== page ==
Wednesday, May 2, 2012

Renaissance Man, John Grant

I lost a friend recently. John Grant of Oakland, Maryland. I wanted to write about him then, but we had illness and injury affecting this household for more than a month. Many things suffered, including this blog.

I thought of John Grant  as a modern day Renaissance man. He was a writer, historian, musician, Episcopalian pastor, volunteer fireman, civil engineer with the B&O railroad, World War II veteran, and so much more.
John Grant in front of his home

I met him when my son took bagpipe lessons with the local pipe band . He was Pipe sergeant with the Garrett College Pipes and Drums (now Garrett Highlands Pipes and Drums). His friend Fred Thayer, Pipe Major, started the band with Chip Evans. John was a member of their first class and stayed with the band. I had a dream (shades of Star Wars) that John, Fred and Chip were standing on a mountaintop, watching today’s pipes and drums marching by.

John was named Clan Chieftain of the McHenry Highland Festival in 2005. Besides playing with the host band, he was a member of the McHenry Highland Festival Board of Directors for a period of time, gave workshops about bagpipes at the festival and also appeared on a segment of MPT to discuss the festival and bagpipe music in Garrett County. After leading the Autumn Glory parade, John and his wife welcomed band members to their home to watch the rest of the parade in comfort. Many others would stop by that day, including politicians, to have a word with the Grants.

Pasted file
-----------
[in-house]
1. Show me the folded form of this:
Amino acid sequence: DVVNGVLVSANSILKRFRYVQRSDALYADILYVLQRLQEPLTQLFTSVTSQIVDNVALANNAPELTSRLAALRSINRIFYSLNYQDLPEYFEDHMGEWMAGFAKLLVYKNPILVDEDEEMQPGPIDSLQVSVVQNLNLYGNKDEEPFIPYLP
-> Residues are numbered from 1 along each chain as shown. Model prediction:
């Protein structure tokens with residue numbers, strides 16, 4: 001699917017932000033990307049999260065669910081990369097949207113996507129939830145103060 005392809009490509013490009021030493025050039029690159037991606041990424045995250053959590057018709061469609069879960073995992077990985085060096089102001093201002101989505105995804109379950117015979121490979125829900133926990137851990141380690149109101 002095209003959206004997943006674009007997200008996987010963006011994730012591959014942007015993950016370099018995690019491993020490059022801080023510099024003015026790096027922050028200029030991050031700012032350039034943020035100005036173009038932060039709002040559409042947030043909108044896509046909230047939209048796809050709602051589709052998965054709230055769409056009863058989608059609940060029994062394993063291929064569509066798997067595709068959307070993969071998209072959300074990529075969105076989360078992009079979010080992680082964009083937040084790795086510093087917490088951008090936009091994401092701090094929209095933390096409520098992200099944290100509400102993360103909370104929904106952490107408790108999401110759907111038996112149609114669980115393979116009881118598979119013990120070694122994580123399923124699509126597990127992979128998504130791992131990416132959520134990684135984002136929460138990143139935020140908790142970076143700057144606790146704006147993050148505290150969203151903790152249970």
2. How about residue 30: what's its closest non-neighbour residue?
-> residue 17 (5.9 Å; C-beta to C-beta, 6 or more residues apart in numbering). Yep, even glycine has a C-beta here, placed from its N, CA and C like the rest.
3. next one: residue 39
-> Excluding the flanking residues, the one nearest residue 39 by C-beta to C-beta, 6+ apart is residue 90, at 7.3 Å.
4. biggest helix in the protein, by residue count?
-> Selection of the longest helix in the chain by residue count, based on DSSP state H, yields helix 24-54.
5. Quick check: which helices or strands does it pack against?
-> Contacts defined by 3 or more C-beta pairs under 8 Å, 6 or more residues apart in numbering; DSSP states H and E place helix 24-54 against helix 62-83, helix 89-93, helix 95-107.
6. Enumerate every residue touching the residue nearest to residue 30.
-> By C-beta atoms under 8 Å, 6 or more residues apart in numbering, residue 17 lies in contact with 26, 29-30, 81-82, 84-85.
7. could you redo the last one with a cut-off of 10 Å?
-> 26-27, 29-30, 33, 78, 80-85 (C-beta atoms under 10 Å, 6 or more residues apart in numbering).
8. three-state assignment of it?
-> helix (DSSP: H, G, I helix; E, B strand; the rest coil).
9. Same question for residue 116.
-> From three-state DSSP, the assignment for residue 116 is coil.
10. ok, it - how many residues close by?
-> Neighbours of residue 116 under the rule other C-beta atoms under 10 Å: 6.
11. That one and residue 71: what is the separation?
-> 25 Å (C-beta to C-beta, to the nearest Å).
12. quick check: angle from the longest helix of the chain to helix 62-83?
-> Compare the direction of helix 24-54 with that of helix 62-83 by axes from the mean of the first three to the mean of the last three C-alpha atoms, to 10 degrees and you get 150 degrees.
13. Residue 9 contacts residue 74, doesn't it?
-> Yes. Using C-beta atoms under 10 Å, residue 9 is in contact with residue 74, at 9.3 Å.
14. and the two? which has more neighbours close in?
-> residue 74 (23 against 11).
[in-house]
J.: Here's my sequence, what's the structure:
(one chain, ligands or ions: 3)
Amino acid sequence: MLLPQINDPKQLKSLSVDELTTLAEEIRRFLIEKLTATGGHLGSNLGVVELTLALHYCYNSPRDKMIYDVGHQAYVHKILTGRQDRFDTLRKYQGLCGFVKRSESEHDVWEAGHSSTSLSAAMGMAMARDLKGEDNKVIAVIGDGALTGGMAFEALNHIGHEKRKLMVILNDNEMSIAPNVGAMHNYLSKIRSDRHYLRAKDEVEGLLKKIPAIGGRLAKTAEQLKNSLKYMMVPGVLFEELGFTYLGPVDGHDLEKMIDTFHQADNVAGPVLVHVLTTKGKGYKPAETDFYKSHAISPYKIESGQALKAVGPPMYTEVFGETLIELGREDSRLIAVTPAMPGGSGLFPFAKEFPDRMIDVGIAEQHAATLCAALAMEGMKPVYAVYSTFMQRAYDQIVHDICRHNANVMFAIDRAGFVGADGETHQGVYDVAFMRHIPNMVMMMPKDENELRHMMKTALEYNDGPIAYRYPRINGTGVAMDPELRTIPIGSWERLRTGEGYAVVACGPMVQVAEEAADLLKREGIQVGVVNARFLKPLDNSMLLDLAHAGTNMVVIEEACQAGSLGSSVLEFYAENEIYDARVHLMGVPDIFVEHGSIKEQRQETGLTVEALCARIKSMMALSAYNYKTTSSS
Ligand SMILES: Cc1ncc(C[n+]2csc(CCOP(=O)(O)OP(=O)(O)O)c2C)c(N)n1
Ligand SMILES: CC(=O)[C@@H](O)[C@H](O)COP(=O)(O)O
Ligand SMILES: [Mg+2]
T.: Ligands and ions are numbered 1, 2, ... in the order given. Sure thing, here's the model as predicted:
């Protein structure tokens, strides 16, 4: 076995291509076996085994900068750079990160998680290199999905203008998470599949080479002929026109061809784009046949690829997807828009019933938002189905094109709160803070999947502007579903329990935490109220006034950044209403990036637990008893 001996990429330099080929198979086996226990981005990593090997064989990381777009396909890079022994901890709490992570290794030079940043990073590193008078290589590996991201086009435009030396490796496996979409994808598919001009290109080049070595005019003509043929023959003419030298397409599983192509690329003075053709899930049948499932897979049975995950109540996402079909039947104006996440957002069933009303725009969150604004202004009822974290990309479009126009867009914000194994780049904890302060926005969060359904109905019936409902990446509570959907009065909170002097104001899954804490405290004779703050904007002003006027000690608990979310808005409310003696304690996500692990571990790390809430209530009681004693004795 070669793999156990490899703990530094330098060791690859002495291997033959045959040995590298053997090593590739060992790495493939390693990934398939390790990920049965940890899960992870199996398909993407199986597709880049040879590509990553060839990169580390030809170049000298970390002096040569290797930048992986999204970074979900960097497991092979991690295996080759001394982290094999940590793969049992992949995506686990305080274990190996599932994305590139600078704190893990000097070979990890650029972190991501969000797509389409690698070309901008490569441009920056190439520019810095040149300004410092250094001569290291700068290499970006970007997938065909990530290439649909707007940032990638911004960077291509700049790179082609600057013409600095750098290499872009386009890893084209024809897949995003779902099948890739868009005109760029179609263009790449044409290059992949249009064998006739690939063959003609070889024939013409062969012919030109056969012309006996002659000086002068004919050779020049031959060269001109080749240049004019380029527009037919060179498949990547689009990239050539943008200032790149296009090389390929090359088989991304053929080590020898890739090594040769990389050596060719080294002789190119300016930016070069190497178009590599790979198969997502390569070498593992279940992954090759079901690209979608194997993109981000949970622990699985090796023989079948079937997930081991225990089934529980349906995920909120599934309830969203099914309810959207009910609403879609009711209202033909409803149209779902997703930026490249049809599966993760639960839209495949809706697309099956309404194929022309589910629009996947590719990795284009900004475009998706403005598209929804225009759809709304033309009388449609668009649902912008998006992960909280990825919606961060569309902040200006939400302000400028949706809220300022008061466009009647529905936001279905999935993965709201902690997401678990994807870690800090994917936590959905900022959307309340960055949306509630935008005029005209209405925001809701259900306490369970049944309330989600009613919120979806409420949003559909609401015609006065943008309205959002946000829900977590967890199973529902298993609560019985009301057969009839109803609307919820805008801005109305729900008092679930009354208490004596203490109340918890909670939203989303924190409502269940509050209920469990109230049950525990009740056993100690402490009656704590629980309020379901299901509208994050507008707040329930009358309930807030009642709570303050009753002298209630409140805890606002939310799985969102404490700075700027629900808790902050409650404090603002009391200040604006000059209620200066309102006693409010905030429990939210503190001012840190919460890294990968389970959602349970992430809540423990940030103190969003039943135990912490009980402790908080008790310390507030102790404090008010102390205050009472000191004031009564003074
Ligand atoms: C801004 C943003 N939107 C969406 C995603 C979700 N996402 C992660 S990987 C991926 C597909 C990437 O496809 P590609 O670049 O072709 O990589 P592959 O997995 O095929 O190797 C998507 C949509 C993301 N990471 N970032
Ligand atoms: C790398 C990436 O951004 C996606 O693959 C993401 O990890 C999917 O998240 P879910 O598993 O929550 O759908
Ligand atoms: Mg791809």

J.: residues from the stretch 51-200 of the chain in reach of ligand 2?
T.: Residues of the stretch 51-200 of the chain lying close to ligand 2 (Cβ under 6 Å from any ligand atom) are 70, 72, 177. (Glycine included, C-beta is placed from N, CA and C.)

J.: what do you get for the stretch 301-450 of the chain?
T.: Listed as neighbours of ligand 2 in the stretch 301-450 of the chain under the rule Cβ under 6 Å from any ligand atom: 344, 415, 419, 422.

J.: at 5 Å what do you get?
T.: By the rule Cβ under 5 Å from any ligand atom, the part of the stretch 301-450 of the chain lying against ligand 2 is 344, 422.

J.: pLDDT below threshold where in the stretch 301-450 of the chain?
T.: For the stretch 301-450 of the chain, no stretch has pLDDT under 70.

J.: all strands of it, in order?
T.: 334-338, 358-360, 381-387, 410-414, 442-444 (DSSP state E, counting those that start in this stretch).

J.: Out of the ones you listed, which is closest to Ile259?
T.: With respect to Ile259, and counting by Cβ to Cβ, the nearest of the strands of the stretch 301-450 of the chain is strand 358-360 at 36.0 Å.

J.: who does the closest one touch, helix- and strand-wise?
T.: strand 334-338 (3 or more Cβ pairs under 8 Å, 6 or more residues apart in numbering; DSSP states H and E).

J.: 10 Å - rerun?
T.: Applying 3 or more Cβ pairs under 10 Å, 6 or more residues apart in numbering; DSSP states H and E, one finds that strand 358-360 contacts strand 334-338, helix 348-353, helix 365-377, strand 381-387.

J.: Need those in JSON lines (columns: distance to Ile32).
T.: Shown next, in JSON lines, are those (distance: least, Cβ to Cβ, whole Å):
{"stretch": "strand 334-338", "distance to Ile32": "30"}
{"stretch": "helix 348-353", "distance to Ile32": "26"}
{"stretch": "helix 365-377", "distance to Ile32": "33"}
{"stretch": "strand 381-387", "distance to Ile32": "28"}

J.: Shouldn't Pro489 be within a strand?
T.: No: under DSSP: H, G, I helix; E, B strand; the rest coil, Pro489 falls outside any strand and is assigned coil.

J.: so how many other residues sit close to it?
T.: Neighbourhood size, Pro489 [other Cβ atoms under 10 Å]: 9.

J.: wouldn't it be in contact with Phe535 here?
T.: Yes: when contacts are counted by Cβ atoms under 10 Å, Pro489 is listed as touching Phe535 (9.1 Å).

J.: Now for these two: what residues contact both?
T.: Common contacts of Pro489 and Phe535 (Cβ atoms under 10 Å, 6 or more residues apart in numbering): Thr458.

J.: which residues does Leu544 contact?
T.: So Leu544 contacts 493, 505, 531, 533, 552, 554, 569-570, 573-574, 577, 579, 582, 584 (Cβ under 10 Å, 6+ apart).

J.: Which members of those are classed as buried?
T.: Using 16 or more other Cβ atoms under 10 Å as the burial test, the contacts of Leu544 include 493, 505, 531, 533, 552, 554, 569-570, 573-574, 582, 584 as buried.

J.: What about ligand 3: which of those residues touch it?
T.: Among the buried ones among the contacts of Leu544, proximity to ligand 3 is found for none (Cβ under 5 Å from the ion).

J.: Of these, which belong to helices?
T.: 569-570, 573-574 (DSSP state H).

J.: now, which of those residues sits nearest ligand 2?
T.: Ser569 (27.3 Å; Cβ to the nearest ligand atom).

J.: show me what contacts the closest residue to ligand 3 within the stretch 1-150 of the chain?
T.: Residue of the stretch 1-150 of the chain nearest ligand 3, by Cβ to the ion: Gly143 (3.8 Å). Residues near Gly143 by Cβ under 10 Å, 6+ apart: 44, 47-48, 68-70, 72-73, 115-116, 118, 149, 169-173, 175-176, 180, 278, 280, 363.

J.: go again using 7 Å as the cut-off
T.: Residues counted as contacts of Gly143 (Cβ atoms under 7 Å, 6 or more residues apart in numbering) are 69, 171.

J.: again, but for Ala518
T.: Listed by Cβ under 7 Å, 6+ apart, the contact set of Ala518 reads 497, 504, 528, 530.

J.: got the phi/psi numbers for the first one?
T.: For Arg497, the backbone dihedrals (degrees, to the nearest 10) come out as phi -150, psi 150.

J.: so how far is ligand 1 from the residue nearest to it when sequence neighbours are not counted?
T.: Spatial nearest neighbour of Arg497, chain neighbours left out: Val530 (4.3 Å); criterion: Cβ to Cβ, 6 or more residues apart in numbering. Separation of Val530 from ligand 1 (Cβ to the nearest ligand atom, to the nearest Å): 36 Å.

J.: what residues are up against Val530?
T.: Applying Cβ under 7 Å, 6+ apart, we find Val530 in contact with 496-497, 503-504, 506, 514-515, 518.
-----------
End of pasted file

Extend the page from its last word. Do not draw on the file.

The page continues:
Bagpipe band leaders Fred Thayer, John Grant, Jerry McGee

As a reporter, I learned to appreciate John’s talents and knowledge. I consulted him about historical information and quoted him often. He was a man of many interests:  teaching and writing about local history, leading walks to Maryland’s highest point (which is located in Garrett County), helping with charitable efforts and was active in many community organizations.

He published a book and wrote numerous articles for the historical society’s publication, The Glades Star. He taught classes at Garrett College and never tired of sharing his knowledge and interests with others.

He was a kind man, a man who made the world and people’s lives better. He and Jean always made me feel welcome.  I am sure there are many who can say the same thing.

While writing this I came across a quote by Alex Haley that sums up some of how I feel about the loss of John Grant. “Every death is like the burning of a library.” He made the world a better place. We lost a lot when we lost him. He will not be forgotten.

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